Does the labor movement favor or oppose outsourcing? It seems a silly question, given the AFL-CIO’s vociferous opposition to the free-trade agreements and tax breaks that, the labor federation argues, abet the flight of good-paying manufacturing jobs abroad.
What makes the question nonsilly is this: The United Auto Workers has just negotiated and ratified collective bargaining agreements with U.S. automakers, the foreseeable and, to some extent, intended effect of which is to facilitate shifting jobs to Mexico.
It’s a case study in the difference between labor’s political rhetoric, which is all about working-class solidarity, and collective bargaining, which is all about self-interest.
Detroit has come back from the 2009 recession, big-time: with total vehicle sales hitting 16.4 million, profits in 2014 reached $6.5 billion for General Motors, $6.3 billion for Ford and $4.1 billion for Fiat Chrysler (before interest and taxes).
Many factors helped: Billions of dollars in federal aid got GM and Chrysler through bankruptcy. The Federal Reserve’s zero-interest rate policy stimulated the economy and made car loans cheaper. Low gas prices boosted demand for highly profitable SUVs and pickup trucks.
And UAW concessions, especially lower wages for entry-level workers — the “two-tier” system — helped the Big Three bring labor costs in line with the nonunion U.S. plants of Japanese, Korean and German competitors.
Workers got a taste of the Big Three’s new prosperity through profit-sharing, but as this year’s contract negotiations approached, UAW leaders were under pressure to win permanent wage-rate increases and abolish “two-tier.”
To cut a long and complicated story short, the companies essentially agreed to solve that problem for the union, in return for which the union, which has a say on investment plans, helped the carmakers solve their problem: gaining access to cheaper labor somewhere in the world.
Ford and Fiat Chrysler have the most aggressive plans to shift smaller-car production to Mexico, where labor costs less than $10 per hour; the new contracts let the companies pursue those plans. Vehicles will enter the United States tariff-free under the North American Free Trade Agreement.
The first Ford factory affected may be the Michigan plant that once underwent a $550 million retooling for small-car production, as part of a $5.9 billion Energy Department loan. Announcing the loan in 2009, then-Energy Secretary Steven Chu declared “the most fuel-efficient cars in the world must be made right here in America.” Alas, low gas prices undercut demand for such cars and Ford couldn’t make money building them, at least not at UAW wages.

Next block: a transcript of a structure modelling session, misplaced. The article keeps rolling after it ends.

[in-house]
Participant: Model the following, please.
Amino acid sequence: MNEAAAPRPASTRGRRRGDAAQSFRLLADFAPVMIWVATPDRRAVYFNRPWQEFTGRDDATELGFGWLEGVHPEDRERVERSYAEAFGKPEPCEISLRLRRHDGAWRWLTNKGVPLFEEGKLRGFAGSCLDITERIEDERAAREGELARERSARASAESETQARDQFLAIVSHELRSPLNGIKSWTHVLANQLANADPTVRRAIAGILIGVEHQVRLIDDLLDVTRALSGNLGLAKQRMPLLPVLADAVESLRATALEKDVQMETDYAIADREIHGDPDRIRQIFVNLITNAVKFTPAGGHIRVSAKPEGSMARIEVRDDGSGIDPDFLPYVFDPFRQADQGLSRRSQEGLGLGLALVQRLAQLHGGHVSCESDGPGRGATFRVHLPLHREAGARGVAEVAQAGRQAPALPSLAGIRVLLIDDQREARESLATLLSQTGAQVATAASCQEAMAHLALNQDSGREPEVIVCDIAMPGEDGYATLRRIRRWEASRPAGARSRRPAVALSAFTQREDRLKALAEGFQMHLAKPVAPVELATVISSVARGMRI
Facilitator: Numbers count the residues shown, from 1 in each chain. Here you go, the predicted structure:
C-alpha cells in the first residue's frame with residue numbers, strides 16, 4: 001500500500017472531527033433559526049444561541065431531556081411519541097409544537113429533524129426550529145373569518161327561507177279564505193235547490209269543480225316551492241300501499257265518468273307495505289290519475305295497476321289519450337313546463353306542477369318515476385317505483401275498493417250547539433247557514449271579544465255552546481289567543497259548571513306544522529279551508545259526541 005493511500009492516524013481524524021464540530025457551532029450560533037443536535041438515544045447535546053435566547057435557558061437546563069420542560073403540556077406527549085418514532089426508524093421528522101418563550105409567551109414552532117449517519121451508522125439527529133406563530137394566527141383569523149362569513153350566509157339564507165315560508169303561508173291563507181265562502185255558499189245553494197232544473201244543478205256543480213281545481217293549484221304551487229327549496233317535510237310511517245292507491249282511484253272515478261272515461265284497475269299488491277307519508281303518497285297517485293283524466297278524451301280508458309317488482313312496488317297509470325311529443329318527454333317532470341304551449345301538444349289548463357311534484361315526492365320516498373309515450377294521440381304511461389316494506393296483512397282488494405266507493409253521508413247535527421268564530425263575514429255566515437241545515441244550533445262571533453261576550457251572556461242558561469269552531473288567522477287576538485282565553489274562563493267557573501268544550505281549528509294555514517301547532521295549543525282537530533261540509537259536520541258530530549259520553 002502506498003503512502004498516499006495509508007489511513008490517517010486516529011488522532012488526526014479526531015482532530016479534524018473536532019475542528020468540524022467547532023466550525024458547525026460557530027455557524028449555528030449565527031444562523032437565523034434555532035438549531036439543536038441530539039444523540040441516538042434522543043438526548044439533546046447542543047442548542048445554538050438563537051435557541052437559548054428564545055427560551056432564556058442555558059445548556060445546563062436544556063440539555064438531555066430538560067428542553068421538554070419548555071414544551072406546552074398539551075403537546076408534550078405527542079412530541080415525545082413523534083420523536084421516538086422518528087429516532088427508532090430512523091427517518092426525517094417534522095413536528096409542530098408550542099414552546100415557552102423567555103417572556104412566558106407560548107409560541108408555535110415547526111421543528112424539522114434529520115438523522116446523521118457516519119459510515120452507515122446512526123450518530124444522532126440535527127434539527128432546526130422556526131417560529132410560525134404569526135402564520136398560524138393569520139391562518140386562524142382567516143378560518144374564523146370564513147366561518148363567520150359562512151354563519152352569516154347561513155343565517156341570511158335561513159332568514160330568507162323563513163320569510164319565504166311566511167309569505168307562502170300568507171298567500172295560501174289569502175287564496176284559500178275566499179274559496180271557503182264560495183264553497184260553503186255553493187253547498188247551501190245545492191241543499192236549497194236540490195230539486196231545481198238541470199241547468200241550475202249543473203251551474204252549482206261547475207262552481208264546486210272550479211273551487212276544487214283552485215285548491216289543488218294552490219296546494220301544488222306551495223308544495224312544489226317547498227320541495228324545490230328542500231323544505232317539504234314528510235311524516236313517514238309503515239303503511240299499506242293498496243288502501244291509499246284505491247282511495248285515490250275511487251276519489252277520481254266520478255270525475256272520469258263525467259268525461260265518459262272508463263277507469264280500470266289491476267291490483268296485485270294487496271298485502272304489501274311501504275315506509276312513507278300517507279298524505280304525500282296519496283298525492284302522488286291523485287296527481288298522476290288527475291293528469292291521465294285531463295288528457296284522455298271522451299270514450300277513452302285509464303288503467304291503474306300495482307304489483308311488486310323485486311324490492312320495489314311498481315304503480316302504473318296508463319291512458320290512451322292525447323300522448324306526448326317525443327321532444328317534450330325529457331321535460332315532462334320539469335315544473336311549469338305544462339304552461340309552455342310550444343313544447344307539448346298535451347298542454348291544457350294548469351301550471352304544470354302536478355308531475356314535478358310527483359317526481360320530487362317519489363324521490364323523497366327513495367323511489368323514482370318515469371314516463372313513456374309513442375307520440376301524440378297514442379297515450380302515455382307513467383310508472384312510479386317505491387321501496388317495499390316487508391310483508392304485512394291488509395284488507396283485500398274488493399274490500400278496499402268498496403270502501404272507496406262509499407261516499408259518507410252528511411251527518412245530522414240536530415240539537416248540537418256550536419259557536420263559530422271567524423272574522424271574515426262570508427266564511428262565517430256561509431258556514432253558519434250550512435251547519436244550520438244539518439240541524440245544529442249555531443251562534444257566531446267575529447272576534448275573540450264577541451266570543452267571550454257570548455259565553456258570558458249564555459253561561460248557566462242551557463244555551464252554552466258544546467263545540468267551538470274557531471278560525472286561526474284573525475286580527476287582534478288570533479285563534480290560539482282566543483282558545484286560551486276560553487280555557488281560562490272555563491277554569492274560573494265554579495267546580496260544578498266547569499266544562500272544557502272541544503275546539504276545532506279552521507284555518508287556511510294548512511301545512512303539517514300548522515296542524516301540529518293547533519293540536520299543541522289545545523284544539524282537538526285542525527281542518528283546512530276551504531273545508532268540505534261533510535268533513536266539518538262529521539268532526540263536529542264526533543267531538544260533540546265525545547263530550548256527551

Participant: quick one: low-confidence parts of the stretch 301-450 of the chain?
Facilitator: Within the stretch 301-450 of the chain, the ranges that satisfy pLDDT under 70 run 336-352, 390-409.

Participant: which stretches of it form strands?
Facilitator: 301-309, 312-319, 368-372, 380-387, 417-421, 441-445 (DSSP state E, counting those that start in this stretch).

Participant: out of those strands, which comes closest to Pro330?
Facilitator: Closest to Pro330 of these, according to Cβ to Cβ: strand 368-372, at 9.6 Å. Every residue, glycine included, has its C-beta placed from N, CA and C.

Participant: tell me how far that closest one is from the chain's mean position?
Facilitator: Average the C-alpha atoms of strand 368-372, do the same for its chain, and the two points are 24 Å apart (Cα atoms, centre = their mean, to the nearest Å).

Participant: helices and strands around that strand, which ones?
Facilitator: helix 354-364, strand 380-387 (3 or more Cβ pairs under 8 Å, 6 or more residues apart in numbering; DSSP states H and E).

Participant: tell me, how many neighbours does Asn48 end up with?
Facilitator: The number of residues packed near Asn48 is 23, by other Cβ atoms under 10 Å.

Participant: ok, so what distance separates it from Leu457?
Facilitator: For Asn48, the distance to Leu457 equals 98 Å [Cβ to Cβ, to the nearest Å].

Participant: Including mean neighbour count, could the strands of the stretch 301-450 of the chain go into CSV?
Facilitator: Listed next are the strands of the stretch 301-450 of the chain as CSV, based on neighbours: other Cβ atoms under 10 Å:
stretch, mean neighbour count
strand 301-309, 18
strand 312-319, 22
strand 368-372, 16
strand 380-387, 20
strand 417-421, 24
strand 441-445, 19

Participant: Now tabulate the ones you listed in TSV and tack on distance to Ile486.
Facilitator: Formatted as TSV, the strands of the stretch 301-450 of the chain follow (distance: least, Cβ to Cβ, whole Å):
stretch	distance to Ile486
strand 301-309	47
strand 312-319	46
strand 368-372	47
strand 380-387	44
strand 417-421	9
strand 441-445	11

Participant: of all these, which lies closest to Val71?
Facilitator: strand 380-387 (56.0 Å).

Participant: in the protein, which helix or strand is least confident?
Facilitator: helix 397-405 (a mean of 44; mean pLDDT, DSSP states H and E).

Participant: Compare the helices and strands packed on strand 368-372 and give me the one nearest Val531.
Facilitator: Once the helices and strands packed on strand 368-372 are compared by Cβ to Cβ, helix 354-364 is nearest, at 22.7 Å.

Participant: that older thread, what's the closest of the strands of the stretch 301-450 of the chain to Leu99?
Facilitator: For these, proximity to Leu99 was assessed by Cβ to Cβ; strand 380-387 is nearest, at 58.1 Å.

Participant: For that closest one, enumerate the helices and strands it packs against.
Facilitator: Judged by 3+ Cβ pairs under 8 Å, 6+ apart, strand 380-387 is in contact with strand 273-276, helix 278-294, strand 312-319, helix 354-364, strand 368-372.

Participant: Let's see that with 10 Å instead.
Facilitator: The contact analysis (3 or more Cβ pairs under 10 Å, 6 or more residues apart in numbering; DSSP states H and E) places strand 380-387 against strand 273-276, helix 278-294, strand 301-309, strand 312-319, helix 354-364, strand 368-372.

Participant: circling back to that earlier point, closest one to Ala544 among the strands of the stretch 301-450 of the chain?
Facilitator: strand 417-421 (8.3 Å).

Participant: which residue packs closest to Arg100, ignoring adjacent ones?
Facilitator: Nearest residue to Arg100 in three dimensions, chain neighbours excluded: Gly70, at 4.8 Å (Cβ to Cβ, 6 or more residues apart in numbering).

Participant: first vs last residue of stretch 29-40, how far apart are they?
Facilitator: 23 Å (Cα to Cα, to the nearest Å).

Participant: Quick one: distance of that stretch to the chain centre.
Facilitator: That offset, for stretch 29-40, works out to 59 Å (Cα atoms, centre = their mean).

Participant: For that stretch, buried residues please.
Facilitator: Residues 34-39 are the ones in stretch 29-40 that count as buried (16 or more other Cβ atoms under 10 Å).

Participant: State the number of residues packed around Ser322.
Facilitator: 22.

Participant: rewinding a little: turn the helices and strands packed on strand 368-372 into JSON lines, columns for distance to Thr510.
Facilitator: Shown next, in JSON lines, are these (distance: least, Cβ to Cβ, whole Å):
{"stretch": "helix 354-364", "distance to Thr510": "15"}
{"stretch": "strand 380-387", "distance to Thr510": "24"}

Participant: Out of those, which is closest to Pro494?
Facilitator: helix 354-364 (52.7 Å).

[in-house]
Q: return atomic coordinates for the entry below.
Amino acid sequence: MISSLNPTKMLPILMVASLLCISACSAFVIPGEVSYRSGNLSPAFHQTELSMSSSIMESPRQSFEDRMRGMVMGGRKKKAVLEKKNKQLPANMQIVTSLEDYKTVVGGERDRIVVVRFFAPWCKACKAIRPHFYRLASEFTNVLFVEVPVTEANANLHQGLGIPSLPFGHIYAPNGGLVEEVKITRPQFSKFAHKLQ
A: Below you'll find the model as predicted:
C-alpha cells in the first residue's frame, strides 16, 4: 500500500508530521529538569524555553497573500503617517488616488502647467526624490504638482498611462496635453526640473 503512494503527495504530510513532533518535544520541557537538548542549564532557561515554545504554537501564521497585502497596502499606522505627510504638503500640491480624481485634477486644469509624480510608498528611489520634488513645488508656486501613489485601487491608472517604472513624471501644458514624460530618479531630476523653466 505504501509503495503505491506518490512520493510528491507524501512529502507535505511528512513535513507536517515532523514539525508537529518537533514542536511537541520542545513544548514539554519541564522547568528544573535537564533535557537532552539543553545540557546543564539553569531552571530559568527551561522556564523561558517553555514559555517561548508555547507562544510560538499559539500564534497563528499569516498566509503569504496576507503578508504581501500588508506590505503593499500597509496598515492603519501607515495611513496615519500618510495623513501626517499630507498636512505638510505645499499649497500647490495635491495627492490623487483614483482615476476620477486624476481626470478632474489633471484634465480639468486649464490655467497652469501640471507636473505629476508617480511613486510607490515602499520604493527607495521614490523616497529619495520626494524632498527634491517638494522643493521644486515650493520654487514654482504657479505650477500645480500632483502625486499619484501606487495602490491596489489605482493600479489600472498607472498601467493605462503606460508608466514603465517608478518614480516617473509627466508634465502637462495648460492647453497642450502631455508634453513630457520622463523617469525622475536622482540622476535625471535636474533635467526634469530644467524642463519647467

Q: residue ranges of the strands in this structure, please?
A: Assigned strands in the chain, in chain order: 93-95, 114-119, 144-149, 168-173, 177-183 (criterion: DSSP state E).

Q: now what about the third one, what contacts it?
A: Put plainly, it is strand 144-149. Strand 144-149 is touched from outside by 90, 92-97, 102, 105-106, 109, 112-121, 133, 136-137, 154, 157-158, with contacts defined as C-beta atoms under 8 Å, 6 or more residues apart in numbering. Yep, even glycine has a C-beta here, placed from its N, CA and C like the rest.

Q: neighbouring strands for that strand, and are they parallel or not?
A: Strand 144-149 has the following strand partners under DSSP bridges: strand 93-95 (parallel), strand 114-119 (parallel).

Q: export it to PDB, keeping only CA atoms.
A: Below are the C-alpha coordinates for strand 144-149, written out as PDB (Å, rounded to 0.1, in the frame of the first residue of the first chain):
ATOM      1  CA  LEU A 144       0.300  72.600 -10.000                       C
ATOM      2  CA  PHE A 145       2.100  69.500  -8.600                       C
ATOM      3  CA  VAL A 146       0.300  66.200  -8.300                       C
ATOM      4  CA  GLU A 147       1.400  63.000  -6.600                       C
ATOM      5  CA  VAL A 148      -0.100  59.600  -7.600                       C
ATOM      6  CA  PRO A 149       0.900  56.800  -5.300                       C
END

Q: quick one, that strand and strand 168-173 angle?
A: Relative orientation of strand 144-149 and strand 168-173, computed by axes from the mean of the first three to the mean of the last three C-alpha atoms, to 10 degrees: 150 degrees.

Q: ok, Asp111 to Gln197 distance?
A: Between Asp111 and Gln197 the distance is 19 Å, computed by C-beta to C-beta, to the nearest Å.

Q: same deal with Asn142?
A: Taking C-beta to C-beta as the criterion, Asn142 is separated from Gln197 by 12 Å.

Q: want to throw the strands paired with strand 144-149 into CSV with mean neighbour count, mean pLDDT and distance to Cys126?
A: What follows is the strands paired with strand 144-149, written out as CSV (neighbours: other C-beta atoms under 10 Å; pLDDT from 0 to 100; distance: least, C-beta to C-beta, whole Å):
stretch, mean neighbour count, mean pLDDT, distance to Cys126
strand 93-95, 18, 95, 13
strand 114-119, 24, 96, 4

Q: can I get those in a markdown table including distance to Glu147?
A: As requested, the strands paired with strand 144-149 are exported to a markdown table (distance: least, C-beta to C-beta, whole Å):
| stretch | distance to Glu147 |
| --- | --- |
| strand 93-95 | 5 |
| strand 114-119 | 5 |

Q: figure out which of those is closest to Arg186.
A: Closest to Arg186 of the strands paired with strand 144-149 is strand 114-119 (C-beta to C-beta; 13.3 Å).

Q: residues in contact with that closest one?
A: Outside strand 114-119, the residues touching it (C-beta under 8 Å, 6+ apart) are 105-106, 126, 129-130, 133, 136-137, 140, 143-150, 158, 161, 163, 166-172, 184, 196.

U.S. carmakers can profitably make pickups and SUVs, which account for roughly 70 percent of the Big Three’s sales this year. The future of North American auto manufacturing looks like this: big cars north of the Rio Grande, small ones south of it. Even nonunion foreign carmakers are joining the trend.
Faced with the above realities, and eager to exploit the industry’s flush condition while it lasts, the UAW essentially decided to protect as many jobs for its members as possible at the highest wages possible. You can’t blame the union for trying to maximize what it most values — which is precisely the point.
In a different world, one in which the Big Three were not legally bound to deal with the UAW at all U.S. plants, and thus did not face a binary choice between paying UAW wages or moving abroad, the carmakers would at least have had the option of hiring Americans to build smaller cars at some wage between union scale and Mexican rates: bad for the union, but not necessarily bad for American workers.
No, we don’t want to start a race to the bottom on wages. What we have now, however, is the opposite problem: A lucky handful of union members get paid well, to the exclusion of other American workers. The more the Big Three shift small-car production to Mexico, the more nonunion foreign competitors have to follow suit.
The true wisdom of the UAW’s huge bet on large vehicles may not be apparent until the next gas price spike. And one wonders how environmental politics will change now that the United States’ preeminent industrial labor union is made up of SUV and pickup assemblers.
Meanwhile, in another part of the forest — Congress — labor is fighting the excise tax on high-cost health plans, a key part of President Obama’s health-reform law that helps insure poor people and curb overall costs, but impinges on unions’ ability to negotiate medical benefits.
Mancur Olson, the economist and analyst of interest-group behavior, long ago identified an inherent tension between unions’ “exclusive” goals (for members only) and their “inclusive” goals (for society as a whole). Unions were bound to be “ambivalent” between the two, Olson argued. Recent events bear him out — a reason to be ambivalent about unions.